Interlace Fingers between Toes
-From a seated position, interlace your fingers between your toes. This stretches the muscles of the toes and allows them to spread. This action can be very challenging for some people due to confining shoes.

Tennis ball roll
-Roll the entire sole of the foot on a tennis ball. This helps to warm up the feet as well as breaking up any tension being held in the feet. This exercise also accesses many important pressure points on the sole of the foot. The gentle pressure on the muscles and connective tissue can relieve tension and regain fluidity.

Picking up marbles with your toes
-By using your toes to pick up marbles not only strengthens the foot muscles but also promotes the use of using toes as individual entities as opposed to a group.

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Most people have to roll their legs inward in order to meet the bar evenly. But the thigh bones should be in a neutral alignment with the hip joint. What I mean by the contrasting work of the hips and spine is the inward spiral of the feet with an outward rotation of the hip. It creates a strength pattern from the feet to the pelvis.

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Some people have compensated forefeet, their metatarsals don’t meet the ground in an even transverse arch. The metatarsals and toes bow or tilt toward or away from the mid line. The big toe may be higher than the little toe or the opposite, the little toe higher than the big toe when the talus is in neutral. This is due to years of walking around with the talus not in neutral. If the client has this compensation, teaching them foot corrective exercises can improve the function of the foot and in turn change their pelvic position.

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Simply stated, the feet can be compared to the foundation under a building. If the foundation sags, so does the building. A forward leaning, head forward posture is common among 80% of your clients. People are and look off balance. Maximal stresses are placed on the body just from standing and walking. Over time damage is done to joints, ligaments and muscles.
Conclusion
If we paid more attention to our feet we may lessen back issues, hip and knee pain, release our necks and improve our yoga asana. Feet love walks, rubs, movement and attention. Give your feet the appreciation they deserve and your body will be happy and healthy. Strengthening and stretching the foot and lower leg muscles along with wearing properly fitted shoes will maintain muscle tone in the feet and prevent future foot problems from occurring. It will also begin to reduce current foot problems. By practicing yoga poses that strengthen and stretch the muscles, joints and connective tissue of the foot and ankle, your foot health, posture and overall health will improve. Your body reflects the health of your feet; therefore happy, healthy feet result in a happy, healthy body. Treat your feet well and your body will appreciate you.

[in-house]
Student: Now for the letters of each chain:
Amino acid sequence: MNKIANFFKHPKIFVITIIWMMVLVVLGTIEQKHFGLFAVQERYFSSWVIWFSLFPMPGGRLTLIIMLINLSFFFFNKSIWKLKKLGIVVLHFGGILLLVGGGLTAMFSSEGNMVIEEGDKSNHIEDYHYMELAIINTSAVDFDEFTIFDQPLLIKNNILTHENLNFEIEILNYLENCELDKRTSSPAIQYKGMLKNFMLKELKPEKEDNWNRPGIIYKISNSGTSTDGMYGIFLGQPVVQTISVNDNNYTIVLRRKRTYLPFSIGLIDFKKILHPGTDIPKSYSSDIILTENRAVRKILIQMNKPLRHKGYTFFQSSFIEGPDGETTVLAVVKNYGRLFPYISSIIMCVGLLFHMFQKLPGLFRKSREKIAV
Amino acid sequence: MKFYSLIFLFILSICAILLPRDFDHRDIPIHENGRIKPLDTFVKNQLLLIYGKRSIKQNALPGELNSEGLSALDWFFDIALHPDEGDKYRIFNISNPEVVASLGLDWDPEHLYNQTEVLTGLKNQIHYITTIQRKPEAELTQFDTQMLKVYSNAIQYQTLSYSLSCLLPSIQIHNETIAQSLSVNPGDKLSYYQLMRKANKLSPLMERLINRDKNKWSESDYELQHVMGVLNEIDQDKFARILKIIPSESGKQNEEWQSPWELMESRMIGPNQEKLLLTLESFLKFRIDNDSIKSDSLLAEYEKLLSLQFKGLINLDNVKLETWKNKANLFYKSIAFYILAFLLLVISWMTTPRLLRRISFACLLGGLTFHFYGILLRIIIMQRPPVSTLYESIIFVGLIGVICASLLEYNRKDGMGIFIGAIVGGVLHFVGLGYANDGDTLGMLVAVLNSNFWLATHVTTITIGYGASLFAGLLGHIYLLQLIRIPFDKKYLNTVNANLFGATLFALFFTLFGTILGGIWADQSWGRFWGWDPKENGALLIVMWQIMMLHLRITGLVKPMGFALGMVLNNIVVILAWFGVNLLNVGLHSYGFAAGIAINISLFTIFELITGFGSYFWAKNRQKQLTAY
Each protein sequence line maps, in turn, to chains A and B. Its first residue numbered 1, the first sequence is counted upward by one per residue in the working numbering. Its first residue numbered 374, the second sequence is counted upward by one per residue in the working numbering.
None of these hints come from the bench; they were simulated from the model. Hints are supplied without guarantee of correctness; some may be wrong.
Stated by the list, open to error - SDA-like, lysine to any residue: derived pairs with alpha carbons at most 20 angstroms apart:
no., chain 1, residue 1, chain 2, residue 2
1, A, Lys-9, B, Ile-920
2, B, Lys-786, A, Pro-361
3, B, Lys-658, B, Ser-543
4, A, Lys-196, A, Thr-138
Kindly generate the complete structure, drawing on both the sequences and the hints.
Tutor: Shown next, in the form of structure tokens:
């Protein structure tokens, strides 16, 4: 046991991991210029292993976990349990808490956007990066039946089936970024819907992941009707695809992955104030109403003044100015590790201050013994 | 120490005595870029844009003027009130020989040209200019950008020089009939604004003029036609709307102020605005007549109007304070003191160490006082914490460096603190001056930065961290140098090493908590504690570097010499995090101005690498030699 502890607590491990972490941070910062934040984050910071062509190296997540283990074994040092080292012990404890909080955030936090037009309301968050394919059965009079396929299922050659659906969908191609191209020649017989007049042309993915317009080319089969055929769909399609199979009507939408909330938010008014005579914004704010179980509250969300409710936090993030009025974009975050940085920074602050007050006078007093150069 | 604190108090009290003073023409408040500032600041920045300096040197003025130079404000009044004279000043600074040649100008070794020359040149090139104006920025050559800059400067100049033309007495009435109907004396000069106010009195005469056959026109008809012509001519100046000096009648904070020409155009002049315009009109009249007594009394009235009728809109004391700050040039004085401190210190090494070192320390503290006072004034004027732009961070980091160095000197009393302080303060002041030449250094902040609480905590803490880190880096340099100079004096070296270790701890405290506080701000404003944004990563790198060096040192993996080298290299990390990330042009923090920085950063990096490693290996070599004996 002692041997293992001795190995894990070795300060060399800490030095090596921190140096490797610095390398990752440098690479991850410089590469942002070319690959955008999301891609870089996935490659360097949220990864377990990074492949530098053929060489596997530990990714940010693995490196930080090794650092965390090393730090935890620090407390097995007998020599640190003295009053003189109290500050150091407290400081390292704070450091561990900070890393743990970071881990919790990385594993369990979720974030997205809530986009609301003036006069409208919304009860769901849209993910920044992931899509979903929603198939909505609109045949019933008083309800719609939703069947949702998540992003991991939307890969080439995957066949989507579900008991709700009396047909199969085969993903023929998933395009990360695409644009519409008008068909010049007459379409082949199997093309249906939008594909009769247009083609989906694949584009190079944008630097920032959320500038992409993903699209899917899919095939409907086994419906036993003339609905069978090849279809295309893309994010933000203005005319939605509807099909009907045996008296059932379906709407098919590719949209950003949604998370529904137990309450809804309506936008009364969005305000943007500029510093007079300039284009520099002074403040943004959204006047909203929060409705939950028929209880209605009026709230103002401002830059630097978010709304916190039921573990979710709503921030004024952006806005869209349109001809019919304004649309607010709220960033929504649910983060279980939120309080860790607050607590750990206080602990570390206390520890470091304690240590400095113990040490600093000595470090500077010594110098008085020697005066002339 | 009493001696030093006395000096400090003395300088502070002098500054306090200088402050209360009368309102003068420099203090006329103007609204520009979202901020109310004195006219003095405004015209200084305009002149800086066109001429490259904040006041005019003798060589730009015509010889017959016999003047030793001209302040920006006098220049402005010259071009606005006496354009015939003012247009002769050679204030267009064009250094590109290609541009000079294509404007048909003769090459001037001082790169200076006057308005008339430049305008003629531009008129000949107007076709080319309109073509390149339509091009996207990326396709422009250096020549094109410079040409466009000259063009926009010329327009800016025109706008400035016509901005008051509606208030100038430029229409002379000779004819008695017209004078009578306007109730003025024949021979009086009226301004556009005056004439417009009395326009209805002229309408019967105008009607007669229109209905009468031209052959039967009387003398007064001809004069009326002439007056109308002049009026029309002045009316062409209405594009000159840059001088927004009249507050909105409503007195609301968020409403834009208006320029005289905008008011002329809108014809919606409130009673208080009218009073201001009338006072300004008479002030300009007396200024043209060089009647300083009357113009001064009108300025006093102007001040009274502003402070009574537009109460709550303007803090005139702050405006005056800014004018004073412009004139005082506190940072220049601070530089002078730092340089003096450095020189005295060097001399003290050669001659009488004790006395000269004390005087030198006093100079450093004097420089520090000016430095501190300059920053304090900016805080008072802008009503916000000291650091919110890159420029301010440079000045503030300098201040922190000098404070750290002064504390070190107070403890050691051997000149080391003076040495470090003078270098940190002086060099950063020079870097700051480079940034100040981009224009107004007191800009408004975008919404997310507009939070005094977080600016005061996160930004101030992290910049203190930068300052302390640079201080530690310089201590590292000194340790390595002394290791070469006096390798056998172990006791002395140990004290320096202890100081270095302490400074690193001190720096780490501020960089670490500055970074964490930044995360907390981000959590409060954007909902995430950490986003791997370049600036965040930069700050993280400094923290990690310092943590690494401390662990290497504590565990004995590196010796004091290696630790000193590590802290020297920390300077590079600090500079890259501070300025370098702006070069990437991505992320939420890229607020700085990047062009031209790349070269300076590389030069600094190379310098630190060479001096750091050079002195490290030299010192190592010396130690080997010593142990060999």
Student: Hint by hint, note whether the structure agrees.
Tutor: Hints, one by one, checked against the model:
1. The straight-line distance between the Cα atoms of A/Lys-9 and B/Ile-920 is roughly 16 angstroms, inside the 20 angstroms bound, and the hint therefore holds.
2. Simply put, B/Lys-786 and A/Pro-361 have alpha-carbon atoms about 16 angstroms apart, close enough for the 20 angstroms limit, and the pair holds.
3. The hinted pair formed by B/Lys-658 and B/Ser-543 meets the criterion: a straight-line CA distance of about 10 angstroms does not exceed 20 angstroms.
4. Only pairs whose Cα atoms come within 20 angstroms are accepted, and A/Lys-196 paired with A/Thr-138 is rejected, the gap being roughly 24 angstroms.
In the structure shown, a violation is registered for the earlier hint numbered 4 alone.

By | 2018-05-16T13:11:20+00:00 June 28th, 2015|pilates, yoga|0 Comments

About the Author:

Nisha is a certified Chek practitioner and holistic lifestyle coach.Her journey started when a visiting Laban teacher introduced her to Pilates at Dance College during her first year. It's effects were forgotten but she then re discovered Pilates through Michael King eleven years later whilst running her dance school. Her background spans over 25 years with formal training in classical ballet, modern dance, tap, national choreography, stage production and theatre. Her formation includes Pilates, Thai bodywork, Yoga, GYROTONIC, GYROKINESIS and anatomical studies. Her particular interest is fascia, and the connective lines and movement patterns that allow a full moving structure rather than the isolation of bones and muscles. Her fascination with questioning the traditions of modern medicine and fascination with searching for meaningful answers has taken her in many different directions and has offered her an abundance of opportunities gaining a wealth of knowledge. “I tried many movement modalities and extended my search after experiencing fascia, because of its simplicity in movement. Quickly, I noticed my own body changing as well as the bodies of my own clients. In the last 25 years of teaching I’ve developed a workout unique to Yoga Anatomy". Throughout her studies Nisha has done numerous dissections with Julian Baker and Cery Davies and has the opportunity to take lectures and courses from Robert Schleip, Joanne Avisons, Tom Myers, Matt Wallden, Emma Lane, Gary Carter, Paul Chek, Dan Hellman, Peter Blackaby, James de Silva plus many many more Nishas teaching method promotes reflective self-discovery and provides the requirements to integrate a shift in consciousness for attaining individual goals. She maintains that an attitude of compassion, consistency and joyous humor are excellent components to growth and expanded potential. She welcomes all level of movers from the beginner to the seasoned athlete who have a desire to increase their skill potential, also teachers and students. Her specialties include assisting post rehabilitative individuals, injury prevention for dancers and athletes and advanced movement programs.